RangeValidator for DateTimes and SqlDateTimes in C#

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RangeValidator for DateTimes and SqlDateTimes

On this page we'll look at how to use the ASP.NET RangeValidator, specifically for when dealing with DateTimes and SqlDateTimes using C#.

Let's say you're saving DateTimes in a SQL Server database. You have a TextBox to take the user input, you may have an AJAX or jQuery Calendar control to help users select a date easily and in a correct format. You've got a RequiredFieldValidator, maybe a RegularExpressionValidator or a CompareValidator to make sure the datetime is entered in the correct format. You could use the AJAX Extenders to limit user input to just entering numbers. So the user is pretty much guaranteed to enter a valid datetime. Right? Well, sometimes you know, expect the unexpected. Just when you think you've got the art of getting a DateTime to be a valid DateTime down to a fine grain, having several associated controls to make it very easy for the user to enter a valid DateTime, along comes a not very likely scenario, but one which can happen none the less, and bang you get an Exception.

SqlDateTime overflow. Must be between 1/1/1753 12:00:00 AM and 12/31/9999 11:59:59 PM

Now for a user to enter a DateTime before the days of year 1753, or after the year 9999, it's not very likely, but it can happen, but fear not, the RangeValidator is here to save the day! Here's an example of how to handle this error:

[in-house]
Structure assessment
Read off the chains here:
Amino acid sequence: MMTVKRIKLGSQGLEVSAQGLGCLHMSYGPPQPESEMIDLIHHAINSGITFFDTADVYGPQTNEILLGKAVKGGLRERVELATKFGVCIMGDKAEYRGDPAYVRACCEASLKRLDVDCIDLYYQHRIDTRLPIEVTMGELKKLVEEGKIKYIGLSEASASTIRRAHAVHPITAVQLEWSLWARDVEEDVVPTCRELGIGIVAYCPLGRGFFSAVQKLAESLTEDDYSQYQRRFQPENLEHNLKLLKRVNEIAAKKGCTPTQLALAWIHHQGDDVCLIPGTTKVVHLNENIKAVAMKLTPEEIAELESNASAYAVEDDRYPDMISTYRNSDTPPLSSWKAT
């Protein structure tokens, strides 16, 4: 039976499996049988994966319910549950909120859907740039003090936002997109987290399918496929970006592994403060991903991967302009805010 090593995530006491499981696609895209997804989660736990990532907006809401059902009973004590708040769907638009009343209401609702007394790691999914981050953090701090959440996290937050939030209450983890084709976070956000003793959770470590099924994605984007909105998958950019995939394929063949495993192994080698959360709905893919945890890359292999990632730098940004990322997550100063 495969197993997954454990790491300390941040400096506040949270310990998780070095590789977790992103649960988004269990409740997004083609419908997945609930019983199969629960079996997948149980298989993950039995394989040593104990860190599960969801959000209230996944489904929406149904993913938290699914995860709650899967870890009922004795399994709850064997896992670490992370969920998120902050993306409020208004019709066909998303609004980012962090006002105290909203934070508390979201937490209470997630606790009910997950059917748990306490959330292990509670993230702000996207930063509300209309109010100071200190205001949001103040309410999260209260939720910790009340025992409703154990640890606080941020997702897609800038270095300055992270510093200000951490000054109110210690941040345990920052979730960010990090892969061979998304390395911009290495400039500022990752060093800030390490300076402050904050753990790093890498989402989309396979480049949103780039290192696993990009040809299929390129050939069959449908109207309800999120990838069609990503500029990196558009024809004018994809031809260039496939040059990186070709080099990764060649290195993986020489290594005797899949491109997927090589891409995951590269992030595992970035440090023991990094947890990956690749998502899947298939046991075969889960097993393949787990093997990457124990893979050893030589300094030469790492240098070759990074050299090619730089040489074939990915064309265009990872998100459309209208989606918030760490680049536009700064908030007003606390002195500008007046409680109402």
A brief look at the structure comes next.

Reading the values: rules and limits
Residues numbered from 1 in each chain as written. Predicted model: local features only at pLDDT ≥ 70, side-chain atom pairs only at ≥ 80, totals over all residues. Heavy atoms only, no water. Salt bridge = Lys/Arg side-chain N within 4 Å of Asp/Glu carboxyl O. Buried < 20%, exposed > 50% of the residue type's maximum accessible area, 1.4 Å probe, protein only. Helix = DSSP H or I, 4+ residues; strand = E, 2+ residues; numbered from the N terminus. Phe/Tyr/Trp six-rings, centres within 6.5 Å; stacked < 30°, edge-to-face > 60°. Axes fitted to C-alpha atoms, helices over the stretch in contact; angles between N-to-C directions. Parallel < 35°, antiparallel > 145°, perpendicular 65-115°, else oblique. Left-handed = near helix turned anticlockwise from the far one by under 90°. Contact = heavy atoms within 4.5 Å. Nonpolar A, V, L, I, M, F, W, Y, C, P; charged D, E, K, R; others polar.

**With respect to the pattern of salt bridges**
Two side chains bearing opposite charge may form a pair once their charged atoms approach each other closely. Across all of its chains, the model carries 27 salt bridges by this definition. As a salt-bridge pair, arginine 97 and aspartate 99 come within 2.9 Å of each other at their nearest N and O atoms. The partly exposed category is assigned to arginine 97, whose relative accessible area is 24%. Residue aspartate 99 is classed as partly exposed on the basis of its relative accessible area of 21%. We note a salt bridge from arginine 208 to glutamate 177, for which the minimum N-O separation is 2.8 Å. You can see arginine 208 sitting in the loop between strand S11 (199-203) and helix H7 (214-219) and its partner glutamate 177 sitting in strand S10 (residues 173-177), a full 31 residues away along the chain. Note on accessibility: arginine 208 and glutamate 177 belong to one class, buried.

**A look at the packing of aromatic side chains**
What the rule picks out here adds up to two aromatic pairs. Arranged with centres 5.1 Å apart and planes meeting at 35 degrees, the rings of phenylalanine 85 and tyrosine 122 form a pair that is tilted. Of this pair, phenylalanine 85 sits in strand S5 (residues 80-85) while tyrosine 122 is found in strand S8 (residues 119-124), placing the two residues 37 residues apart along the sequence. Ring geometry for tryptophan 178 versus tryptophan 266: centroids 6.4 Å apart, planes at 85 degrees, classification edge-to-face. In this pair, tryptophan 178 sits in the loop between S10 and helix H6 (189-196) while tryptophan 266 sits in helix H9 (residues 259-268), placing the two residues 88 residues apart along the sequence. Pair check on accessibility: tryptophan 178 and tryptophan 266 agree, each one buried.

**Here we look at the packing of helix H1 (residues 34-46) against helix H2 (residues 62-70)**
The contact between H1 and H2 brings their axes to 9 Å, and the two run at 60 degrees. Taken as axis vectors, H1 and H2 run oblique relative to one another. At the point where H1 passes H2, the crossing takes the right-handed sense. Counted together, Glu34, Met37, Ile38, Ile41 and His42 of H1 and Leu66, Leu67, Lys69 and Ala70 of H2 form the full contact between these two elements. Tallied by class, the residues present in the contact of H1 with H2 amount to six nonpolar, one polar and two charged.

RangeValidator Example

Keeping things simple and to the point, we have a TextBox, a Button and a RangeValidator:

<asp:TextBox ID="TextBox_Date" runat="server" />
<asp:RangeValidator ID="RangeValidator_Date" runat="server" Type="Date" ControlToValidate="TextBox_Date" ErrorMessage="*" Display="Dynamic" />

<br />

<asp:Button ID="Button_SaveDate" Text="Save Date" runat="server" OnClick="Button_SaveDate_OnClick" />

The RangeValidator has had it's .Type property set to 'Date' so that it knows it's validating a DateTime value. We need to set the .MinimumValue and .MaximumValue properties as well. We could have done this declaratively like we had with the other properties by setting them in the .aspx page, but I wanted to show you something a little bit more special, so we'll need to set the .MinimumValue and .MaximumValue properties in the code behind.

SqlDateTime.MinValue and SqlDateTime.MaxValue

So as the error states: 'Must be between 1/1/1753 12:00:00 AM and 12/31/9999 11:59:59 PM'. SQL Server DateTimes have a lower range than their C# counterparts. We could have assigned these values declaratively on the ASPX page, but we're going to use the System.Data.SqlTypes struct to get values which have had these vales set in code for us to use, in public static readonly SqlDateTime objects. This allows to ensure we get the correct DateTime values to be used.

protected void Page_Load(object sender, EventArgs e)

    RangeValidator_Date.MinimumValue =     Convert.ToDateTime(System.Data.SqlTypes.SqlDateTime.MinValue.Value).ToShortDateString();
    RangeValidator_Date.MaximumValue =     Convert.ToDateTime(System.Data.SqlTypes.SqlDateTime.MaxValue.Value).ToShortDateString();

So now our RangeValidator will prevent the error shown above. Here's the code for the Button handler, just to remind you to call Page.Validate() and check Page.IsValid to ensure the server validation is called, should javascript be disabled (I've kept code to a minimum here for demo purposes, it's seriously lacking try catch error handling):

protected void Button_SaveDate_OnClick(object sender, EventArgs e)

    if (Page.IsValid)
        DataClassesDataContext db = new DataClassesDataContext();